Will Heffner is somebody new.
He can't remember when it happened. It's a blank in his mind.
But the Andreas man realizes he is no longer the same person.
Sure, he has the same name and the same body. But he's altogether new.
The man he once was is gone.
"The Will Heffner that I was is dead," he says. That person disappeared in an accident at age 27.
Will was a strong, hard-working manual laborer who dug ditches for a firm under contract with a major utility.
But on May 20, 2004, a terrible event took place that would reshape his life.
"I went to my mom's to pick up tomato plants," he says. Some of the guys at work were into tomatoes and so Heffner figured he'd help them out. That much he can remember.
On the way, a driver in a large SUV smashed into Heffner's classic 1967 Ford Mustang. It happened along Industrial Road near Allentown. Heffner, an Orefield native, was critically injured.
"I broke my neck, five ribs, had three fractures of the skull, and a broken temple and eye socket," says Heffner, 35.
He suffered frontal lobe swelling of the brain and required a craniotomy. That's a surgical operation in which a bone flap is temporarily removed from the skull in order to access the brain.
Heffner was unable to swallow and talk, and was placed into a medically induced coma at Lehigh Valley Hospital.
But he fought and beat the odds. He survived. Eventually, he was admitted to Good Shepherd Rehabilitation Center's brain injury program.
For his wife, the former Angie Knappenberger of Germansville, it was the start of a slow climb back to normalcy, or what would become the new normal, at their Millhead Road bi-level home.
"Our daughter was only eight months at the time," she says, recalling how family and friends pitched in at the household to allow Angie to spend time at the hospital.
Heffner's injuries were so severe that he completely lost his speech. He was capable of uttering only one word: "Hi."
"I had to relearn how to talk," he says.
Angie points out that therapists were forced to initiate treatment at the most basic levels.
"The caseworker said they'd start just like a baby. They taught him how to step into a bathtub," she says.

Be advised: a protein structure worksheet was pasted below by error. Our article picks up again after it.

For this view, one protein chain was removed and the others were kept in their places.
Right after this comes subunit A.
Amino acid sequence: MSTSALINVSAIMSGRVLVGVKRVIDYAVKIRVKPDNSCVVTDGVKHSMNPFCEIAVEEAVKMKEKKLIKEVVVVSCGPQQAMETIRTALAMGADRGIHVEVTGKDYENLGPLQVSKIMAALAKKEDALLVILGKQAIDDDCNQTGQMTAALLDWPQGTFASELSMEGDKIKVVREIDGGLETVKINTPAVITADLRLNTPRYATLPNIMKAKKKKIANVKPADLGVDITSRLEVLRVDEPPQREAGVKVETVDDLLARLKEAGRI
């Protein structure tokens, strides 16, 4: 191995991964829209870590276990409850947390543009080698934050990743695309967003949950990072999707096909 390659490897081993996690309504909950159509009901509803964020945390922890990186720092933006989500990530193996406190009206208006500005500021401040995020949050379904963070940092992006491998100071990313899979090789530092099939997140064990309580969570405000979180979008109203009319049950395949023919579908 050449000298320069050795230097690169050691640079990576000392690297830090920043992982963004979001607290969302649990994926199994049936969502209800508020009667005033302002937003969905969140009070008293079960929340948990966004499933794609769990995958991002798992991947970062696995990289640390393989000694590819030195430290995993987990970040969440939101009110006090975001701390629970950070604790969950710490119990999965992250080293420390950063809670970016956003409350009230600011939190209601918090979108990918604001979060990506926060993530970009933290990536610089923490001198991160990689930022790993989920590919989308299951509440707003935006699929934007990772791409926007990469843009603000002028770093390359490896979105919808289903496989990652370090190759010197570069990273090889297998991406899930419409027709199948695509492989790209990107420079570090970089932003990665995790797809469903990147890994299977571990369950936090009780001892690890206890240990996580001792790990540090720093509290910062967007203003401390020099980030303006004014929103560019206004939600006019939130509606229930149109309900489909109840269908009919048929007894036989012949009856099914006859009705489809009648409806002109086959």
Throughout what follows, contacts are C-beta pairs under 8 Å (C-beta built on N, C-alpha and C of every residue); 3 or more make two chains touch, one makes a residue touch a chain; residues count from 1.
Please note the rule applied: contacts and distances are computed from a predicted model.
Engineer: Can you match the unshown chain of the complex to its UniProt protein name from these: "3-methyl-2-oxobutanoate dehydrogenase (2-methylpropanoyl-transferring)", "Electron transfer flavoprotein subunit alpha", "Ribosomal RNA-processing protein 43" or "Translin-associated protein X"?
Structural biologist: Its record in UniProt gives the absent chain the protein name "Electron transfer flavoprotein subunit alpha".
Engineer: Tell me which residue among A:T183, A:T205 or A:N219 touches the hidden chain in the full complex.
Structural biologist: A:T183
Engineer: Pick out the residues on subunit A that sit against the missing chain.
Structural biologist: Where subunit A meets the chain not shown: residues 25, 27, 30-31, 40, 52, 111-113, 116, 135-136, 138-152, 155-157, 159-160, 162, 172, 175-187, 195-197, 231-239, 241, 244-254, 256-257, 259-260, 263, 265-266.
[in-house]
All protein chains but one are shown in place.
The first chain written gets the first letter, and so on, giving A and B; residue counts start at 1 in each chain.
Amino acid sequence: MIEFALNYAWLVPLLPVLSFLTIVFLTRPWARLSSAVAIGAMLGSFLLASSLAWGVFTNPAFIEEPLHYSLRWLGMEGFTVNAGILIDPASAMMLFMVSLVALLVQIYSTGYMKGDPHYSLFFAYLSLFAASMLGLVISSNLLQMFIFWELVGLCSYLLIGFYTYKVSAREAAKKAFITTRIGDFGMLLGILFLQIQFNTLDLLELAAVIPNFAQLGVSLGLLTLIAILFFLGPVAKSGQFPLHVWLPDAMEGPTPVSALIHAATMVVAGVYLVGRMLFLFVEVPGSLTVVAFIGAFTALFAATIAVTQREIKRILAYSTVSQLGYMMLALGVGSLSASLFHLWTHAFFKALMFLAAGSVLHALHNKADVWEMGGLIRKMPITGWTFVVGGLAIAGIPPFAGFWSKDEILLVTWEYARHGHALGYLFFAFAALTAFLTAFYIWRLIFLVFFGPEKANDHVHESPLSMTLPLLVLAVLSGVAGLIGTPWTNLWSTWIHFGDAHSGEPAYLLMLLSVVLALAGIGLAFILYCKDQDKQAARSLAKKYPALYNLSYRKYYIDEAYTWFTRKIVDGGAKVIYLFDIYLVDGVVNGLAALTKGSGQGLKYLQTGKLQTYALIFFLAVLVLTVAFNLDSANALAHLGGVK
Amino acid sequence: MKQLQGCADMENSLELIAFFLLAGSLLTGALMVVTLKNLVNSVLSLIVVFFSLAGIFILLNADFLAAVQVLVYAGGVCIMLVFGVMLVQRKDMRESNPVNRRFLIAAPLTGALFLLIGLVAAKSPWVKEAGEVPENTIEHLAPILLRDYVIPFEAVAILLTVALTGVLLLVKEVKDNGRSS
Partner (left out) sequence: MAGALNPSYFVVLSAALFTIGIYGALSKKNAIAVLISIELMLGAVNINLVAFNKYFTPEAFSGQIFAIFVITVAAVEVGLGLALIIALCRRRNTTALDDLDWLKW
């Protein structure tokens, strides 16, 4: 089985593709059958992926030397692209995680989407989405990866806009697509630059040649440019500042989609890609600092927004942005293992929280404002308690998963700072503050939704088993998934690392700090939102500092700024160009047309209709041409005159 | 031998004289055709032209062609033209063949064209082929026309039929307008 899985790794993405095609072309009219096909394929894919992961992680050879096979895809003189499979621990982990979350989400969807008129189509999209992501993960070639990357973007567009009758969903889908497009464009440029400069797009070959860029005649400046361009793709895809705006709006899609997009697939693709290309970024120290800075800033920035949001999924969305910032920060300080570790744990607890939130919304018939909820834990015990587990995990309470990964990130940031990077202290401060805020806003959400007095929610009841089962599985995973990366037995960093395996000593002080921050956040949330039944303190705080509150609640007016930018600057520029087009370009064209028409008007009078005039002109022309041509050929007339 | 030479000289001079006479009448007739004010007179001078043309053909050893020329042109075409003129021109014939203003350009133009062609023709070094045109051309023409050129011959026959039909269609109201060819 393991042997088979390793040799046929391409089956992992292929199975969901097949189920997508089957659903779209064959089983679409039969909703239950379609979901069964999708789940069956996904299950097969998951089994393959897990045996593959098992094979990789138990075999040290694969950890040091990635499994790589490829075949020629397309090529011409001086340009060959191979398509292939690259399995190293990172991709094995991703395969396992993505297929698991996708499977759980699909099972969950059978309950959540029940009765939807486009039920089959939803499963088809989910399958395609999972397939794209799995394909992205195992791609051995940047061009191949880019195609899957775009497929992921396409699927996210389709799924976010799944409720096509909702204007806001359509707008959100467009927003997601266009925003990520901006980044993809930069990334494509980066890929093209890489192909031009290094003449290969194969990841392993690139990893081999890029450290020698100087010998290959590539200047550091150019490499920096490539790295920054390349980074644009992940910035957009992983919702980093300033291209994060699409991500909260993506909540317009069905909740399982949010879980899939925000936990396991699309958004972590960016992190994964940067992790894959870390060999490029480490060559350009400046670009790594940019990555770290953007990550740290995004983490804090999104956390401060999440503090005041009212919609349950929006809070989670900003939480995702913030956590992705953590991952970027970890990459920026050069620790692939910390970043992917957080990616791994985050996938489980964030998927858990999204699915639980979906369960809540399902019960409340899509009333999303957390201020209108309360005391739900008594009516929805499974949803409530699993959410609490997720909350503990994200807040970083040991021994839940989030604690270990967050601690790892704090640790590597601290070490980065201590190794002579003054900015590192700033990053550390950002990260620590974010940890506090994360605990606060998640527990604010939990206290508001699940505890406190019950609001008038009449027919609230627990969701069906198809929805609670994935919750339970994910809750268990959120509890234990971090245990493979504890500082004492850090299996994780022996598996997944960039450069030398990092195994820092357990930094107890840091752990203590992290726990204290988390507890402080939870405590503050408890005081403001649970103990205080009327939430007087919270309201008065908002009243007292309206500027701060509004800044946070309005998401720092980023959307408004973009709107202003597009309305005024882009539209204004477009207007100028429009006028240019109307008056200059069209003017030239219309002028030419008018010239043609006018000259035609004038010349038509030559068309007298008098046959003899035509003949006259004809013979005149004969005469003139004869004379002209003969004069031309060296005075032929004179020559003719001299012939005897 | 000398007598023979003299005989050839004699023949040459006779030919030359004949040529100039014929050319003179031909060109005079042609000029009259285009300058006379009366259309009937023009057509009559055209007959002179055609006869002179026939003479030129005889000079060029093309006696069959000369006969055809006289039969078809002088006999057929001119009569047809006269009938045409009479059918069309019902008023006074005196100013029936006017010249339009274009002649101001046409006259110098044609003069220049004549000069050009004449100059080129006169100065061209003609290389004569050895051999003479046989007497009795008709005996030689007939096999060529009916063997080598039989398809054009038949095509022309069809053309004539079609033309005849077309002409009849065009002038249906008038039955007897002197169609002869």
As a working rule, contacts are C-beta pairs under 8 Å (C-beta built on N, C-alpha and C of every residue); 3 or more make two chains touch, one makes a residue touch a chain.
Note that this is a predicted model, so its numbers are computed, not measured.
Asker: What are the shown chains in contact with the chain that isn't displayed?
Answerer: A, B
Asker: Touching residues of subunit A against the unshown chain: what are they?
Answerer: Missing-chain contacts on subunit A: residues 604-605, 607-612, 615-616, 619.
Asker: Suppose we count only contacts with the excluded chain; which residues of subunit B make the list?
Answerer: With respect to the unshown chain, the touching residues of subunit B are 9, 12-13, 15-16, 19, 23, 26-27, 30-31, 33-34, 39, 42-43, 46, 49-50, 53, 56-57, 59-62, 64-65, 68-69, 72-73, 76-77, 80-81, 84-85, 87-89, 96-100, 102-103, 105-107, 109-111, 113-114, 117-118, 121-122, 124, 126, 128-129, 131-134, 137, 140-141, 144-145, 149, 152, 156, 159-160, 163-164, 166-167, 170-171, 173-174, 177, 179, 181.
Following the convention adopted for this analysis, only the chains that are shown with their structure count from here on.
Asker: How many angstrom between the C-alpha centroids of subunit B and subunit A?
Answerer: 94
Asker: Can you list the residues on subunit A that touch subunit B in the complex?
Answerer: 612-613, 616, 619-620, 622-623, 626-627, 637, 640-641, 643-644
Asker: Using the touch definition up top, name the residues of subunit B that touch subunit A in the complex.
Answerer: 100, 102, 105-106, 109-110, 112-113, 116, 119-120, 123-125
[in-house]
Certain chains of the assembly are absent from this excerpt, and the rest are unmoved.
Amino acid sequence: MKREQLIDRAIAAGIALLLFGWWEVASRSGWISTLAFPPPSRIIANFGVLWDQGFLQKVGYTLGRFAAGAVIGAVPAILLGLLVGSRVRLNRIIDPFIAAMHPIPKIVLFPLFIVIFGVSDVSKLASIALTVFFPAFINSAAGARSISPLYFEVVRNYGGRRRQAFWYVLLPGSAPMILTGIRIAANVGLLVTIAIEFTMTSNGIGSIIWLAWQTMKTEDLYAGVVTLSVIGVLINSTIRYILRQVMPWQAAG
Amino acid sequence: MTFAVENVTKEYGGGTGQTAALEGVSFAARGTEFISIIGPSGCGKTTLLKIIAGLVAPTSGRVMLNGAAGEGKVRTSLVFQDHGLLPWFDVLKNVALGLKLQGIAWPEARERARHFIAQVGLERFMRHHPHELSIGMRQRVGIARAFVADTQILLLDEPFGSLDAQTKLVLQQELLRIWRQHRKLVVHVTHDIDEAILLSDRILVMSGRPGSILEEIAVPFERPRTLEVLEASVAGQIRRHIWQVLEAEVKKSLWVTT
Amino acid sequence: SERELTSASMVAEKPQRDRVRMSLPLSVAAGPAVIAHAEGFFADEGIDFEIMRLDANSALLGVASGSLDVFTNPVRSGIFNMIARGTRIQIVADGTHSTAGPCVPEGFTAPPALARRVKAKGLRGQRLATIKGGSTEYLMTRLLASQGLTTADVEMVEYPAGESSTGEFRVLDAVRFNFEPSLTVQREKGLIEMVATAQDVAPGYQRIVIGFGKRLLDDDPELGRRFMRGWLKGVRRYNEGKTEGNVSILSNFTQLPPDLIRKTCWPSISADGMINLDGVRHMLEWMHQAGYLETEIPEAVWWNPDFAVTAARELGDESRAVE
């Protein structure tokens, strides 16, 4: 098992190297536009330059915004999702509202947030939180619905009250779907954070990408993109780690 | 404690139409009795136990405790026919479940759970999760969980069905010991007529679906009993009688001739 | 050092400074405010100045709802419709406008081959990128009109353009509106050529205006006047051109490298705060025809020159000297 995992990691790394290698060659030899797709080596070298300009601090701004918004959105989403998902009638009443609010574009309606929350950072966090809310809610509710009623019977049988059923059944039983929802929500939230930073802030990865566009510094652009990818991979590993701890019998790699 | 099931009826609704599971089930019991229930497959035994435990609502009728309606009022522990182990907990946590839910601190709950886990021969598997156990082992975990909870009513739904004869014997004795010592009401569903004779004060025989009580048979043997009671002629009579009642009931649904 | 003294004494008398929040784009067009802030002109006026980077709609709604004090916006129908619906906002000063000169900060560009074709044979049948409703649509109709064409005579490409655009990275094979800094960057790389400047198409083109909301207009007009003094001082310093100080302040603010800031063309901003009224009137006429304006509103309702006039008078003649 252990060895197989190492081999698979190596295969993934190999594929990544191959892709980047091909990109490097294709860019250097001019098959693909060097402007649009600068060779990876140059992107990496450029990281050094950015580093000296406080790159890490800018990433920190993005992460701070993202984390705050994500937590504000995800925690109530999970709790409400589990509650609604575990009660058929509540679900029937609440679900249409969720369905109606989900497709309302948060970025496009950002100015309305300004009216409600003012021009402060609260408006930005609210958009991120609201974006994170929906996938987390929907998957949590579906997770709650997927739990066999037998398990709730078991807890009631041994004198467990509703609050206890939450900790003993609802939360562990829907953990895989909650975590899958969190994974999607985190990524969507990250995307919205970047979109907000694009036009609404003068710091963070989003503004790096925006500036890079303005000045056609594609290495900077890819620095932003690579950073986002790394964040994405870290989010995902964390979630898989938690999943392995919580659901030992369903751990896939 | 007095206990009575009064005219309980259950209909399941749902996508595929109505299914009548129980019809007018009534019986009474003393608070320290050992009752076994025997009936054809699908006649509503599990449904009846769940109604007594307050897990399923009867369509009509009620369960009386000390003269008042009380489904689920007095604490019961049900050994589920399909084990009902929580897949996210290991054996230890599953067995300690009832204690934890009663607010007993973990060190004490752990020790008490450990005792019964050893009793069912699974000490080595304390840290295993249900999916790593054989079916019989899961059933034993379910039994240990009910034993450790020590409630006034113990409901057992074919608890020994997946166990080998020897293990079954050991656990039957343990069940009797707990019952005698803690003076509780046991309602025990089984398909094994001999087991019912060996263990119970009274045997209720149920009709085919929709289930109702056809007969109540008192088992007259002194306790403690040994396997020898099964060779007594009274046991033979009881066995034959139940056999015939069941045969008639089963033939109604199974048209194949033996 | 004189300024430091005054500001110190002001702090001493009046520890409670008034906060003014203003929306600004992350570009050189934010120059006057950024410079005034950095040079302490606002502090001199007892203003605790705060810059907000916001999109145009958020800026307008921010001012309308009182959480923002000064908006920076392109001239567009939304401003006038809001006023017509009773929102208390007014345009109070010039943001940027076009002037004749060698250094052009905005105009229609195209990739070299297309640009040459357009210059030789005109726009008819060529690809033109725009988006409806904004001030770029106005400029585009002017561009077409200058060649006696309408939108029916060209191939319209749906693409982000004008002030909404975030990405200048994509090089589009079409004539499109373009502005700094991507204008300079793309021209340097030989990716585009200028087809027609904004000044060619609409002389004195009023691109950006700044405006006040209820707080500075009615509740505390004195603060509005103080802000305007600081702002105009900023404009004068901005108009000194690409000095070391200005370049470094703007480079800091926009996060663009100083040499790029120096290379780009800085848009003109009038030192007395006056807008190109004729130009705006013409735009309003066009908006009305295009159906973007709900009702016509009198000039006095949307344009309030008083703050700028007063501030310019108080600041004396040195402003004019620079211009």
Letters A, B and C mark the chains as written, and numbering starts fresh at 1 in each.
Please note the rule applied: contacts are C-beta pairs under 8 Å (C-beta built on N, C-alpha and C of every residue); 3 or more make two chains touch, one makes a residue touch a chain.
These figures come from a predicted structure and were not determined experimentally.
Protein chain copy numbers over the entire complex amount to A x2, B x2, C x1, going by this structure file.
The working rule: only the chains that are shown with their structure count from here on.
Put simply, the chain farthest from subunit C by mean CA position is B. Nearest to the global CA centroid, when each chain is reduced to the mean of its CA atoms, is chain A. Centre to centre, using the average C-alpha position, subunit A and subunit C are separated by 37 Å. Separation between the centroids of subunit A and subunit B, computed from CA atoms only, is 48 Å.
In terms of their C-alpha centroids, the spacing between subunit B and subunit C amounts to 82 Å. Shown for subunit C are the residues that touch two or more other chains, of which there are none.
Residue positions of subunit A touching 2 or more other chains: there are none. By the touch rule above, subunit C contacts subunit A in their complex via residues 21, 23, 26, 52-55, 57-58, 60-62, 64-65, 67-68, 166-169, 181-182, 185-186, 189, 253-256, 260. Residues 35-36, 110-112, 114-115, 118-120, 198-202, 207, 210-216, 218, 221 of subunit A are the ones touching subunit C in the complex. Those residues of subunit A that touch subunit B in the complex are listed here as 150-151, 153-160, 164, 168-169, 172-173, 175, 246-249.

The doctors also warned that a special part of her husband's brain had been impacted.
"They said he got knocked right in the personality."
New man emerges
As Heffner slowly improved, the man who emerged was different from the man Angie had married. He had been a moderate, mild individual with strong mechanic aptitude.
Without question, he was changed. His new personality is more charged. Where previously Heffner had been an even-keeled type of man, he is now emotional and subject to mood swings.
"I get mad and sad," he says, and the triggers can be unpredictable.
Luckily, Angie knows how to deal with the "new husband" she was given.
A sensitive, caring individual, Angie is employed at Lehigh Valley Hospital Center as a patient observer. She is finely attuned to the special needs of those suffering illness and injury. Angie has compassion and fortitude to deal with any situation, especially with the man she adores.
"We get along good," she says - always a pillar of strength in support of the special man who defines her days.
As for Heffner, he takes medication and still battles after-effects of his life-changing accident: recurrent headaches, double vision, balance issues; and he has weakness on his right side. Plus his speech is impaired, likely permanently.
"Some of my speech is messed up because I can't curl my tongue," he explains. "You have to curl your tongue (to form certain words) and I can't."
Heffner now relies on disability compensation but has been able to return to less physical work on a part-time basis.
His injuries, however, resulted in a delightful surprise which surfaced during the recovery process.
Heffner's brain trauma sparked in him a flair for art and creativity, unlike anything seen in his prior life. He is able to imagine and invent. He feels at home with all things artistic.
His creations adhere to a style consistent with expressionism and abstract art. He can paint and sculpt, and create clocks, lamps and furniture.
He doesn't use a pattern or instructions, but relies on instinct, an inner sense. He says all of it is new to him, as his prior interests were strictly mechanical - cars and motors.
"I thought art was a waste of time, and now art is almost the world to me, next to my family," he claims.
Elizabeth Halenar of Lehigh Neuropsychiatry has worked with Heffner and believes his creativity may have been latent. In other words, his artistic skill might have been there all along in the recesses of the mind.
"After the injury, those attributes become more pronounced," she told the TIMES NEWS.
Whatever the case, Heffner calls his gift "an accidental talent."
For him, art is magically therapeutic and interpretive. He hopes to relay its importance to the couple's two children, Mya 9, and Tyler, 4.
He recently completed a celebratory watercolor composed of brilliant hues dotted on canvas, a work suggestive of confetti one might experience in a ticker-tape parade.
"I did it to make my daughter happy," he says.
Today, Heffner is a new man. Yes, there are still struggles to overcome. Each day brings its ups and downs.
But he sees a sense of purpose in most every little thing.
And Will Heffner understands that our days spent with purpose are the most valuable days of our lives.